On 15 July 2016, the New York Times published a roundtable asking, "Can We Just `Live With` Terrorism?." Allegedly taking its que from French Prime Minister Manuel Valls`s speech in the aftermath of the 2016 Bastille Day attack in Nice, the "Room for Debate" editors asked whether "society should `live with terrorism` to avoid letting it undermine our freedoms."
The roundtable featured Jadaliyya Co-Editor Noura Erakat, in addition to author Liah Greenfeld, former US attorney general Michael B. Mukasey, former Department of Homeland Security official Paul Rosenseig, and former Israeli military official Amos N. Guiora.
Noura`s intervention, titled "Military `Solutions` Force Others to Live with Terror" begins with the following:
No society should “live with terrorism.” Our collective goals should be to eradicate it.
Before [the attacks of 11 September 2001] law enforcement filled that role. Since then, nations, led by the United States, adopted a military approach, and terrorist attacks have only risen.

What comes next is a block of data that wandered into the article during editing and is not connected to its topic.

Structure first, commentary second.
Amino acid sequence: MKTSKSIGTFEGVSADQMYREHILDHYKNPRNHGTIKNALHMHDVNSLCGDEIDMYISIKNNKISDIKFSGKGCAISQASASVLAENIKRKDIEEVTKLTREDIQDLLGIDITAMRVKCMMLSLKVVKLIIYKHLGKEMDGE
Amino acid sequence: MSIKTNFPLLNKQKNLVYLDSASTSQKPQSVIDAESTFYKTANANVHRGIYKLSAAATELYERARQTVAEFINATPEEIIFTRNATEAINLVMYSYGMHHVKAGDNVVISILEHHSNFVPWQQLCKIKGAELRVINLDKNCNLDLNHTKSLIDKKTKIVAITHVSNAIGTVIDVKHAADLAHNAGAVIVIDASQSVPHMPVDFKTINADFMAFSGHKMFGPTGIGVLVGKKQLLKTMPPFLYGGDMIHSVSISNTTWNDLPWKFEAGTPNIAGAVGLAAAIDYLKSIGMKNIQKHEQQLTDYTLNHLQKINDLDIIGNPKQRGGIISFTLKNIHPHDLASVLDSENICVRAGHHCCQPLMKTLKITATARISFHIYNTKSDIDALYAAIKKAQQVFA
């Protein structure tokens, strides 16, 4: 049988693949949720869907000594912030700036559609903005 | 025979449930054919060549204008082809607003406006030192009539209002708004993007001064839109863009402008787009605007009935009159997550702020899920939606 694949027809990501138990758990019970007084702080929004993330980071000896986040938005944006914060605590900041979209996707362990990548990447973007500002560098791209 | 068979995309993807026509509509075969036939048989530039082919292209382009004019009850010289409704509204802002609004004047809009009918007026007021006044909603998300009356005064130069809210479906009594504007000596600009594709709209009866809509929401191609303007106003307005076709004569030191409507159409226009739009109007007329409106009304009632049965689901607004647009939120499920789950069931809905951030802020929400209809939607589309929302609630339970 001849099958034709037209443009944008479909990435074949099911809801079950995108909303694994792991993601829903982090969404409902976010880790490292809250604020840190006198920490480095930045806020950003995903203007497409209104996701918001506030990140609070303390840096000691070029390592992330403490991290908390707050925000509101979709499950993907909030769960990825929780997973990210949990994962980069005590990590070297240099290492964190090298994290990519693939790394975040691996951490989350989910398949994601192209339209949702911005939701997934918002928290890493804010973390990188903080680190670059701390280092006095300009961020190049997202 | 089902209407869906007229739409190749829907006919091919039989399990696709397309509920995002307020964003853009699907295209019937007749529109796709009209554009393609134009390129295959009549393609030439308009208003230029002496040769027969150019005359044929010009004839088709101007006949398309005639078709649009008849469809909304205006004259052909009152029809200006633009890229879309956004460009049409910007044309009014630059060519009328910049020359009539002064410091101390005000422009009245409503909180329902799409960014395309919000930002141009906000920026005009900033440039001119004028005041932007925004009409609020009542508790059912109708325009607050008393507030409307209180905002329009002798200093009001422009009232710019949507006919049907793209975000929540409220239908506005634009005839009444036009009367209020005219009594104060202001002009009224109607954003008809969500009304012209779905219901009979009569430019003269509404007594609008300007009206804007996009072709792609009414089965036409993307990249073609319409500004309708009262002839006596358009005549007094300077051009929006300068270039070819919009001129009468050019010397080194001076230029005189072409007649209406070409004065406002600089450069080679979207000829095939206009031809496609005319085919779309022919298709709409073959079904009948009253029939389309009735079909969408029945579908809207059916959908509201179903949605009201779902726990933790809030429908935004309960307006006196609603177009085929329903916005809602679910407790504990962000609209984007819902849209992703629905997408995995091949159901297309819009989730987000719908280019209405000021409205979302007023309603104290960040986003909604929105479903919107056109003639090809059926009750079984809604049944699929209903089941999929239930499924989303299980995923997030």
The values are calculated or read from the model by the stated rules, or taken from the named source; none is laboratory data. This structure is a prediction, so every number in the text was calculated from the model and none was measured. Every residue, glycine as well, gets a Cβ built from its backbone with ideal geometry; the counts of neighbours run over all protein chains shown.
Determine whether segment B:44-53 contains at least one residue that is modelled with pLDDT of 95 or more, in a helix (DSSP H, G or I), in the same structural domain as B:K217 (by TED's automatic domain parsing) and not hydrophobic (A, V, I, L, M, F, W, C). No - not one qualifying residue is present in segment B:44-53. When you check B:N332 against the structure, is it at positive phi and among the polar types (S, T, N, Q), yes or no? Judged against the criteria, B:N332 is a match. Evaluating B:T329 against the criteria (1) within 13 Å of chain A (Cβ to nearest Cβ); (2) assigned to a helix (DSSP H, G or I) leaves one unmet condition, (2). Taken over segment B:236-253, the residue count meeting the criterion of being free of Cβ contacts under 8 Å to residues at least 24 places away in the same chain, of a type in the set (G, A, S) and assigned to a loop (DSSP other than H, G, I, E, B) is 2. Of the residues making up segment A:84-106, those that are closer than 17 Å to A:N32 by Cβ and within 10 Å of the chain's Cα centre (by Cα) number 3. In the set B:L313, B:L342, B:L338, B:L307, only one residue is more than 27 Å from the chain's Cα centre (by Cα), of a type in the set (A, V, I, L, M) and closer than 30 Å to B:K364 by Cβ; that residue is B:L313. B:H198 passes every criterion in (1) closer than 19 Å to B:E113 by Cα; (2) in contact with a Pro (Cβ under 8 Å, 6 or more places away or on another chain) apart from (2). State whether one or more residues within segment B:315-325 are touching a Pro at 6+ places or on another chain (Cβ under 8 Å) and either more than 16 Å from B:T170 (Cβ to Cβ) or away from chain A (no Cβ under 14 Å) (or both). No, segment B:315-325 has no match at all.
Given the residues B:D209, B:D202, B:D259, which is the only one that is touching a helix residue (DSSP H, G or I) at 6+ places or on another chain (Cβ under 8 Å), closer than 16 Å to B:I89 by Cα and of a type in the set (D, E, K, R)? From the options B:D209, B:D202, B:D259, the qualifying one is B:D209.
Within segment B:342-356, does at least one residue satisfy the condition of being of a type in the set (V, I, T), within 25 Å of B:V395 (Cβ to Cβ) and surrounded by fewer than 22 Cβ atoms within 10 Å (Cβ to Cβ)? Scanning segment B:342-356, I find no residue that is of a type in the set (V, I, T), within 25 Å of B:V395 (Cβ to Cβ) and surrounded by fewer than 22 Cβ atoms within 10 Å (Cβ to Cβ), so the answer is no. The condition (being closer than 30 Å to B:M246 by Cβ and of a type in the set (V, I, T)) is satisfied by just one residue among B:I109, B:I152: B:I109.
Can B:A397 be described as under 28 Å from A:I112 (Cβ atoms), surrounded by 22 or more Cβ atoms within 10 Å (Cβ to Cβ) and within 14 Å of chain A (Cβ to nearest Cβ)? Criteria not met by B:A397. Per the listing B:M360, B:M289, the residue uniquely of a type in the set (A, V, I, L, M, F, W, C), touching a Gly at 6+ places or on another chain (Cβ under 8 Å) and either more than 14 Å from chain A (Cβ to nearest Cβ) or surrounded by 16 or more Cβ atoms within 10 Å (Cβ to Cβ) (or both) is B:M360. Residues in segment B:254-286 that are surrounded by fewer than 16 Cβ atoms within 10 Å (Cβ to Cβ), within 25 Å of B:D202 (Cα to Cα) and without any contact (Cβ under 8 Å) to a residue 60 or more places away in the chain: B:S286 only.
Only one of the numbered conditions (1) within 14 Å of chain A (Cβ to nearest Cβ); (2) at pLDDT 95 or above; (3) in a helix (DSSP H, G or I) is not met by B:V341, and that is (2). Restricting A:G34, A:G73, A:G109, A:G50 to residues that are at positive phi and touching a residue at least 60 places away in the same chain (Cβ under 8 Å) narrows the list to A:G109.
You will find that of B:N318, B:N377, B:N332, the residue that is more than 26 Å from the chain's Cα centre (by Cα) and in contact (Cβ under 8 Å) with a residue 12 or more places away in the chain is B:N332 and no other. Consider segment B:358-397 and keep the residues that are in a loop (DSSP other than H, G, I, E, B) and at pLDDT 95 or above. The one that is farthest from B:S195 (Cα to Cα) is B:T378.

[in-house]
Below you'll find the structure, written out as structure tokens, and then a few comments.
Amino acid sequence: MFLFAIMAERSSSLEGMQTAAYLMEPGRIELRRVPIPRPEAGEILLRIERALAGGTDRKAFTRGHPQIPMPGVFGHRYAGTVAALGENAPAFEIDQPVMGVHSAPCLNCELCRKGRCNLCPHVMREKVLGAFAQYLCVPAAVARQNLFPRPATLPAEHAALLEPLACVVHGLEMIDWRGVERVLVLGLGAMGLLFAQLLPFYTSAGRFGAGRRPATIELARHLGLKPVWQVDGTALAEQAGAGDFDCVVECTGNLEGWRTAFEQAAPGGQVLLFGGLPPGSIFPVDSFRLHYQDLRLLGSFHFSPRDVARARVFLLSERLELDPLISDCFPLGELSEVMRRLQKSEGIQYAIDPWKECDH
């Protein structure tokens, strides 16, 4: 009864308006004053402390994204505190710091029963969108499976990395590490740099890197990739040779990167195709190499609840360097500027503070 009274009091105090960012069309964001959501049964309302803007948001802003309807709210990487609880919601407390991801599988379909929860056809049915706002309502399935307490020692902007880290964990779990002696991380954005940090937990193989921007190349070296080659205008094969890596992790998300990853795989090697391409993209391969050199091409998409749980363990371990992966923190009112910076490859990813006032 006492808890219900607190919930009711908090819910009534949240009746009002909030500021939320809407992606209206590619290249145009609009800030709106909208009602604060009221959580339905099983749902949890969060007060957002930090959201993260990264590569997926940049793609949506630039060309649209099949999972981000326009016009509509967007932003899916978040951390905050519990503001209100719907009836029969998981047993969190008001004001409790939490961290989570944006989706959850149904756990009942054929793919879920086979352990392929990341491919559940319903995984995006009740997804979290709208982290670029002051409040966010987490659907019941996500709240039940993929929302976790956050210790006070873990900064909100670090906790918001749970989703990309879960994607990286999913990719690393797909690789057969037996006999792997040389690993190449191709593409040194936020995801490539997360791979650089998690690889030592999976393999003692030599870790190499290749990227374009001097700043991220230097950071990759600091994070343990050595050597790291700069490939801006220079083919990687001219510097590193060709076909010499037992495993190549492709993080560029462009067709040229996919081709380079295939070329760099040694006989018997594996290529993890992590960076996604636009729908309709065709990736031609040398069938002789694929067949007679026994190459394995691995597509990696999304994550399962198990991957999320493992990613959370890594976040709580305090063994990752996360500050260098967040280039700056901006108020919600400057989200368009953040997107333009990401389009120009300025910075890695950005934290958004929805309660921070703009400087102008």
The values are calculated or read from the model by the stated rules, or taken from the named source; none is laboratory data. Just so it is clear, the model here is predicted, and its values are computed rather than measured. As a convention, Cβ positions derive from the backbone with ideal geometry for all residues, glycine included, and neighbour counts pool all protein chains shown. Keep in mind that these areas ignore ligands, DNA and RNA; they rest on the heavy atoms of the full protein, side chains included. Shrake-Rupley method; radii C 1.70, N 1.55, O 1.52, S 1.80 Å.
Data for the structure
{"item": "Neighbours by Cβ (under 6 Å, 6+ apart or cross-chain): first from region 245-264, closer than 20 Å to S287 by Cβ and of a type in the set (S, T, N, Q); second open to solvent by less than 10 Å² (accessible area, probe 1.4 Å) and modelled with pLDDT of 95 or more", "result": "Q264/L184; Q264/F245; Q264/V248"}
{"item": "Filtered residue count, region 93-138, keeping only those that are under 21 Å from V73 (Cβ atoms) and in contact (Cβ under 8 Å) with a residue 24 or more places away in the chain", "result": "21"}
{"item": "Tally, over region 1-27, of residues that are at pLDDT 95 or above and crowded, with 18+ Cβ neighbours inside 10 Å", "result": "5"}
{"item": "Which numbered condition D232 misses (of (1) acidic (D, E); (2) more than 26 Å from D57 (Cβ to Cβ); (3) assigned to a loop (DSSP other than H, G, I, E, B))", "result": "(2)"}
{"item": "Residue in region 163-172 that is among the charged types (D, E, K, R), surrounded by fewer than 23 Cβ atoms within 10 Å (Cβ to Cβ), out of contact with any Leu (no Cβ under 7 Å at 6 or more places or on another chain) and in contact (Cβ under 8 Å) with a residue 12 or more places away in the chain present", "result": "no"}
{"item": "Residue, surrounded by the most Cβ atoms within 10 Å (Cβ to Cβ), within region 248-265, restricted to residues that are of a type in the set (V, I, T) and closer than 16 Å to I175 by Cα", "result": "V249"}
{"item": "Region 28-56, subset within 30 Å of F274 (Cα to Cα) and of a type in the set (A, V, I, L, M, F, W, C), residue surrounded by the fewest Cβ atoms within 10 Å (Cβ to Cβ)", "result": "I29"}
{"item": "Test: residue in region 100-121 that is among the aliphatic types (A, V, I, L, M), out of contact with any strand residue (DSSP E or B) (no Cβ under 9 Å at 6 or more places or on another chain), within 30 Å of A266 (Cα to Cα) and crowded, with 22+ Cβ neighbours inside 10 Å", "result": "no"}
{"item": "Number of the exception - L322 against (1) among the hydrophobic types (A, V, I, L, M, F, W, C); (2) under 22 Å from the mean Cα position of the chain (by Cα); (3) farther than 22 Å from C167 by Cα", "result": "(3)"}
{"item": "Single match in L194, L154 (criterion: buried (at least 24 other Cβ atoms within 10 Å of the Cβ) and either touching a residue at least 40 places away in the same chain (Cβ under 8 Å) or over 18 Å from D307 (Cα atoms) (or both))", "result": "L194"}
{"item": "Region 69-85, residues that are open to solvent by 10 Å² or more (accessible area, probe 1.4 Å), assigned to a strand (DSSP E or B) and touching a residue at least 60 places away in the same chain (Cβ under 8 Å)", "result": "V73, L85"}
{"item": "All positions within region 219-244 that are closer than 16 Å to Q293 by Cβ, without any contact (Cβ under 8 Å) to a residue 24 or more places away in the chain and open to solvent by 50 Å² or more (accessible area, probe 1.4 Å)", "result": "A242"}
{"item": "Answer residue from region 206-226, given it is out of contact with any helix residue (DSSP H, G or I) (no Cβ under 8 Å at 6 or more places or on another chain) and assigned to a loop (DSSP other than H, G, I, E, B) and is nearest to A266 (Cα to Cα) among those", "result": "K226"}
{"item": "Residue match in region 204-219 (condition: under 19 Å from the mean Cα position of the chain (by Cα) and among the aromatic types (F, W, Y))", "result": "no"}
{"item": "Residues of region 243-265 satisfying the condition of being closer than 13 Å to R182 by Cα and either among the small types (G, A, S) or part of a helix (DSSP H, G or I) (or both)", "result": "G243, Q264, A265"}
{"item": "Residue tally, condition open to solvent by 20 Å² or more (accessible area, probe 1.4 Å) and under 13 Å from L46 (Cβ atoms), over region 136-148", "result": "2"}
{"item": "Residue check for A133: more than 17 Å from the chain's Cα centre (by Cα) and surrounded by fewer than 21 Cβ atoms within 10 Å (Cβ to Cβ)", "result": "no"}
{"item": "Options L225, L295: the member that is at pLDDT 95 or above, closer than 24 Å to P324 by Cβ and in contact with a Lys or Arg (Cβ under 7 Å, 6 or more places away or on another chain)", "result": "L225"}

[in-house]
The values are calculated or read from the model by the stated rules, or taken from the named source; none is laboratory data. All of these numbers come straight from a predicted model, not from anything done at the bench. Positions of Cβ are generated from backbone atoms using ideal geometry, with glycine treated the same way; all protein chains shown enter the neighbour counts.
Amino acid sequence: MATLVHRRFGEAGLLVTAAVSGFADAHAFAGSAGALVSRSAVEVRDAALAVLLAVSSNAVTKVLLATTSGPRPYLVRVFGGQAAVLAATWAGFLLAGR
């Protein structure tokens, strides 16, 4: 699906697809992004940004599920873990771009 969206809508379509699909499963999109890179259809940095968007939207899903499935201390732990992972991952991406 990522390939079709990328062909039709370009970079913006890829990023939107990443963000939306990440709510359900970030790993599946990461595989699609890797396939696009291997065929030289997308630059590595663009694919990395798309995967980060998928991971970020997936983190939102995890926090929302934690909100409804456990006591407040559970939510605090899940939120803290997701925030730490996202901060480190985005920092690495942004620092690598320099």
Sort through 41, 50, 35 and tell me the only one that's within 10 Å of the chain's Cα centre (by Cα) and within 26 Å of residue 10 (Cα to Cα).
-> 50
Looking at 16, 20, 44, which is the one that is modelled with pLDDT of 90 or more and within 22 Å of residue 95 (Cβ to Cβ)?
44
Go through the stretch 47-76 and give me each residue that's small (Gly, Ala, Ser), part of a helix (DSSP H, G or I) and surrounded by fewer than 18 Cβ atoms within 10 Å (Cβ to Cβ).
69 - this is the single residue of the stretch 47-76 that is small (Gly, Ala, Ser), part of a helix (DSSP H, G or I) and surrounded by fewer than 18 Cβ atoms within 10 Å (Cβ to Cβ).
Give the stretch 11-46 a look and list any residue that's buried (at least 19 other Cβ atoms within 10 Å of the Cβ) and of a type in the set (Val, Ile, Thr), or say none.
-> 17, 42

To eradicate terrorism, we need a much more honest discussion about what terrorism actually is. If it means the use of force against civilians to achieve a political goal, than that should include all such attacks on civilians, and not merely the ones launched by non-state actors. In practice, we limit the term to include only non-state actors.
The victims of state-led attacks are considered collateral damage, or unfortunate but necessary killings. This framework effectively diminishes the value of their lives making it much easier for the world to tolerate excruciatingly high death tolls and absolve the states that caused them.
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Click here to read Noura`s full contribution.